Postol: Definitely. This is an administration who has created so many problems for itself. It seems to me that Vest has done a good job stacking the administration with his cronies. The result is that you have an administration that is loyal to Vest with or without valid backing. They are dishonest and incompetent, and that’s led to this problem because they’re in a trap of their own making and they can’t escape it. There were attempts by President Vest that had the appearance of trying to intimidate me into not pursuing the matter any further. The Provost and the Chair of the Corporation have also made threats.
TT: When you hear that you’ve developed a reputation as being arrogant, how do you react?
Postol: I think that’s simple. I provide facts and information and analysis, and they accuse of being arrogant. That’s an indication to me that they have no response to my analysis. A trick of people who don’t have answers is to become personal.
TT: Provost Brown has made comments about separating the government and MIT. Comments?
Postol: You can’t separate the government and MIT. Mr. Brown’s statement is ridiculous and false. Lincoln is operated by law by MIT. Brown has direct responsibilities for overseeing the lab. If he doesn’t adequately investigate, he himself can be accused of being part of the criminal activities, provided he is aware of what is happening. I know he knows because I repeatedly told him in letters. The lab manipulated data and produced a fraudulent report and misled federal investigation through [it]. It’s obstruction of justice, and I’ve repeatedly told d’Arbeloff, Vest, and Brown. They are really playing with fire.
TT: If you were placed in entire control of the fraud case, and all problems with confidentiality were waived, what procedures would you hope to have happen?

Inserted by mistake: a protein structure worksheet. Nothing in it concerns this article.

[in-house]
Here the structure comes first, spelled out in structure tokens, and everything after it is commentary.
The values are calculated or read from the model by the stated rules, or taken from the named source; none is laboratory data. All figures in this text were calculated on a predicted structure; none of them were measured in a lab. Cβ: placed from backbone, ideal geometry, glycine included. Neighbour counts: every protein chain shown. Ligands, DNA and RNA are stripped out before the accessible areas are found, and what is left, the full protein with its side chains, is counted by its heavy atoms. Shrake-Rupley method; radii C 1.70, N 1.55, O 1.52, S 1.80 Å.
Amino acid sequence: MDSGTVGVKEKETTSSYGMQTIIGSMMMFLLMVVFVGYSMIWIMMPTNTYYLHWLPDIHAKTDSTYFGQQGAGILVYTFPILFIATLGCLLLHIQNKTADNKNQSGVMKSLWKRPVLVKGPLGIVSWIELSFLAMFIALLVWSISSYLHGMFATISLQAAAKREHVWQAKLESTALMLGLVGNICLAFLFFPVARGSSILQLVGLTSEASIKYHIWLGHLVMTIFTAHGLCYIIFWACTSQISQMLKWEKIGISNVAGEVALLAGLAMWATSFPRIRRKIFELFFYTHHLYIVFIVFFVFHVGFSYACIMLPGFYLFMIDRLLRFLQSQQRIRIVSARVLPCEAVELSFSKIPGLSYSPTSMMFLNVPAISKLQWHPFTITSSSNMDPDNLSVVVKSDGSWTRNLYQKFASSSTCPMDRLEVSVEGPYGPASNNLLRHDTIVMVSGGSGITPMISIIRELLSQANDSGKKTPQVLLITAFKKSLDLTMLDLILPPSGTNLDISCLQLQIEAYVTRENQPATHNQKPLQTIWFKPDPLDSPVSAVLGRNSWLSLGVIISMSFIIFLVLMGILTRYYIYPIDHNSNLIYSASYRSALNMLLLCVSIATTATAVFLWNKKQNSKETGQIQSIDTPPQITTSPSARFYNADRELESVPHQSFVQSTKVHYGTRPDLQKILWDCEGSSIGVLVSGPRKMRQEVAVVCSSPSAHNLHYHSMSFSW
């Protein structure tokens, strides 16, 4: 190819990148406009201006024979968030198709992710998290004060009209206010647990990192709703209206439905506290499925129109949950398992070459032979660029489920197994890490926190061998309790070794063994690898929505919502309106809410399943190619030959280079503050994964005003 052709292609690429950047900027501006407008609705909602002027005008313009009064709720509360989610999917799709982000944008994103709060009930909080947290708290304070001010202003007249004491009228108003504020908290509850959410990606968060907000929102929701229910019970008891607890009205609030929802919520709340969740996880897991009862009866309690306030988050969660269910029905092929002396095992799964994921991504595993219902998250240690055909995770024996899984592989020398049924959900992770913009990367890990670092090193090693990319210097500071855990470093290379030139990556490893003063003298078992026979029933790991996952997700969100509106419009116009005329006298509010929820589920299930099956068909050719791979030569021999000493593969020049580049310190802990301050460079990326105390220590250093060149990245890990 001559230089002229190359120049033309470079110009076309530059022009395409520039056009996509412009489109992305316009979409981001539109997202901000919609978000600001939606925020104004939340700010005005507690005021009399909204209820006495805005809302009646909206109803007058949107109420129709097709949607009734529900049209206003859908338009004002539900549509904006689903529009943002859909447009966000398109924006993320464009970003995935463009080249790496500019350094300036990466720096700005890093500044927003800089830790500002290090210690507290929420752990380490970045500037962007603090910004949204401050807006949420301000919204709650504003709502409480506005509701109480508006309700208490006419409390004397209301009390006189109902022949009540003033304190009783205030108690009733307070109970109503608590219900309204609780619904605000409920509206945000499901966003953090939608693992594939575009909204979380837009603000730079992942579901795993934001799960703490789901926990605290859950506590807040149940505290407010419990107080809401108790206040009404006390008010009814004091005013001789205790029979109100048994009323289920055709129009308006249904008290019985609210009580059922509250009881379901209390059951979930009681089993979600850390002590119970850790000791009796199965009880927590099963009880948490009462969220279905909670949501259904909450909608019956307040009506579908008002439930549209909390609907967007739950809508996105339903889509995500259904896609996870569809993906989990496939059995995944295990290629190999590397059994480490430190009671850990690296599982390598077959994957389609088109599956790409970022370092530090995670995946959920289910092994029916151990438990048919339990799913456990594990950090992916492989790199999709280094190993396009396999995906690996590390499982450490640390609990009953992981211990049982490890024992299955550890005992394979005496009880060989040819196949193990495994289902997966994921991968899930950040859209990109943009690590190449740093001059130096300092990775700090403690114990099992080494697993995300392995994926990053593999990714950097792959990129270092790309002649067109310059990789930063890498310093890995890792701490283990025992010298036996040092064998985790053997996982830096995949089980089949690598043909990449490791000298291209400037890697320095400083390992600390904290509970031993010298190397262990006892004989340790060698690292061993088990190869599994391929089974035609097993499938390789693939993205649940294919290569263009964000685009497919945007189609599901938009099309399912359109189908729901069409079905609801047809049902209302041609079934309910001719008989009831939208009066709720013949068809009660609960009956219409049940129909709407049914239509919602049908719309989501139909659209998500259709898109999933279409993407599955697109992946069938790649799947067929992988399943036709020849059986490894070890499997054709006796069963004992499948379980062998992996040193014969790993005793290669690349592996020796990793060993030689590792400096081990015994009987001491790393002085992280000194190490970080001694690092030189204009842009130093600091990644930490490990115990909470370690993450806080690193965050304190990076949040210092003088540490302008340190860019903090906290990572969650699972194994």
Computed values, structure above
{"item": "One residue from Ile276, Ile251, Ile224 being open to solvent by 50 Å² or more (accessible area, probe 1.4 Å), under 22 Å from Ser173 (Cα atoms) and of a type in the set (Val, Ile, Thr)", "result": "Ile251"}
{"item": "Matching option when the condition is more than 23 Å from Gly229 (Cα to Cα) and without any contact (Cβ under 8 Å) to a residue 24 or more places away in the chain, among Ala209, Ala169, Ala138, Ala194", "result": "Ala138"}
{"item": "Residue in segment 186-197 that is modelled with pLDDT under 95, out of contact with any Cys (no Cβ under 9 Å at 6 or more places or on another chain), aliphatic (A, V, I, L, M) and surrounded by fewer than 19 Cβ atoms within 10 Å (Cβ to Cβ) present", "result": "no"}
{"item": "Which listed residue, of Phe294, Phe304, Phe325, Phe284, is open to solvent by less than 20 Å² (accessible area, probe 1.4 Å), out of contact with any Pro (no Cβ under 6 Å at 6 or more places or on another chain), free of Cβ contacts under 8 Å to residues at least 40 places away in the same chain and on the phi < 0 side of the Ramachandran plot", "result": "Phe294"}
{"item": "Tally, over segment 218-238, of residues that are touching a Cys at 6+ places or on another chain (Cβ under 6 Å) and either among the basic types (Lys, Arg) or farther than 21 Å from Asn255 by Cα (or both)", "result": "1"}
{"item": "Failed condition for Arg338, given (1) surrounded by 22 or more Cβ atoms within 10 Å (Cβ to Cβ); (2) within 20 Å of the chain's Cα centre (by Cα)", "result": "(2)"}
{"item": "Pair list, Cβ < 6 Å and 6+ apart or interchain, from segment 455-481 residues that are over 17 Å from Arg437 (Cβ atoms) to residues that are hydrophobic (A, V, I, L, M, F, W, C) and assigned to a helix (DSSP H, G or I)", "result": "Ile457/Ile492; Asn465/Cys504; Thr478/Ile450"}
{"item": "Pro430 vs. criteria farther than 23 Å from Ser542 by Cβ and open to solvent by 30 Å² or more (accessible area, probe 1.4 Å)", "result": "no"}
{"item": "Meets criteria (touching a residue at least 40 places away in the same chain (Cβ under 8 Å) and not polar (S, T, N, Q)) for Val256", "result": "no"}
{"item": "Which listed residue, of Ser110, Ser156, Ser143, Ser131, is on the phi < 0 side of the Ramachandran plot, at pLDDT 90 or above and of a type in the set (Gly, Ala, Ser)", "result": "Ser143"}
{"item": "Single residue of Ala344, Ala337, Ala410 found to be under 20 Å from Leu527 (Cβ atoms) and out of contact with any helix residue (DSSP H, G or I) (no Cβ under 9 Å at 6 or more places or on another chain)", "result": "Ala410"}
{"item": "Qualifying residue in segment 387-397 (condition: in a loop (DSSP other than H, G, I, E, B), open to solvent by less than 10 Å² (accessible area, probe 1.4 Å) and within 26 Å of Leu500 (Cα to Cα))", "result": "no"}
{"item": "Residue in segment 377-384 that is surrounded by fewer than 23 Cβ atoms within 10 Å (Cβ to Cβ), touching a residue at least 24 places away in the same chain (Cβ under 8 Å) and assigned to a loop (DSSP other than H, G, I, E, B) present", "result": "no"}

Postol: First I think it’s very important that everyone understands that confidentiality has been used as a device to cover up misconduct on the part of the MIT Corporation. This is no different from when the Church used confidentiality about claims that certain priests were engaging in sexual acts with kids. There are legitimate reasons for confidentiality in some cases, but not this one. The fact that Vest knew that fraud occurred and didn’t take action is not a matter of confidentiality.
TT: So what would you like to see happen?
Postol: My view now is different from the view when I started. When I started, I thought MIT should correct the record of what they did and write the Department of Justice and Department of Defense correcting the record, since they knowingly misled a Federal investigation. Now I’m not so sure that’s enough. The ways this thing has been handled by the MIT Corporation are so serious and blatantly against their supposed principles that something far more reaching will have to happen. I think it’s very possible that something will happen.
TT: What country do you consider to be the greatest threat to the U.S., and how should we go about countering it?
Postol: The threat is clear. It’s from North Korea. I think it’s very serious, and the Bush administration is not treating this matter with nearly the amount of attention that it merits. I don’t agree with the Secretary of State, who says that since they already have some nuclear weapons, it doesn’t matter if they have more. It does matter because if they have more, they can attack more. The administration is totally focused on having a war with Iraq that is not even close to justified given the threat. I was for the Gulf War because I believed Hussein was too well-armed and too interested in weapons of mass destruction. He no longer has that capability and the real threat is in North Korea. It’d be very difficult for us to be in two wars given the resources. It looks like [Bush] has decided to punt on the most serious threat while he engages in a war of choice.
TT: Any final thoughts?
Postol: I’m looking forward to going back to MIT in early May and continuing to pursue this matter if it’s not finished with by then.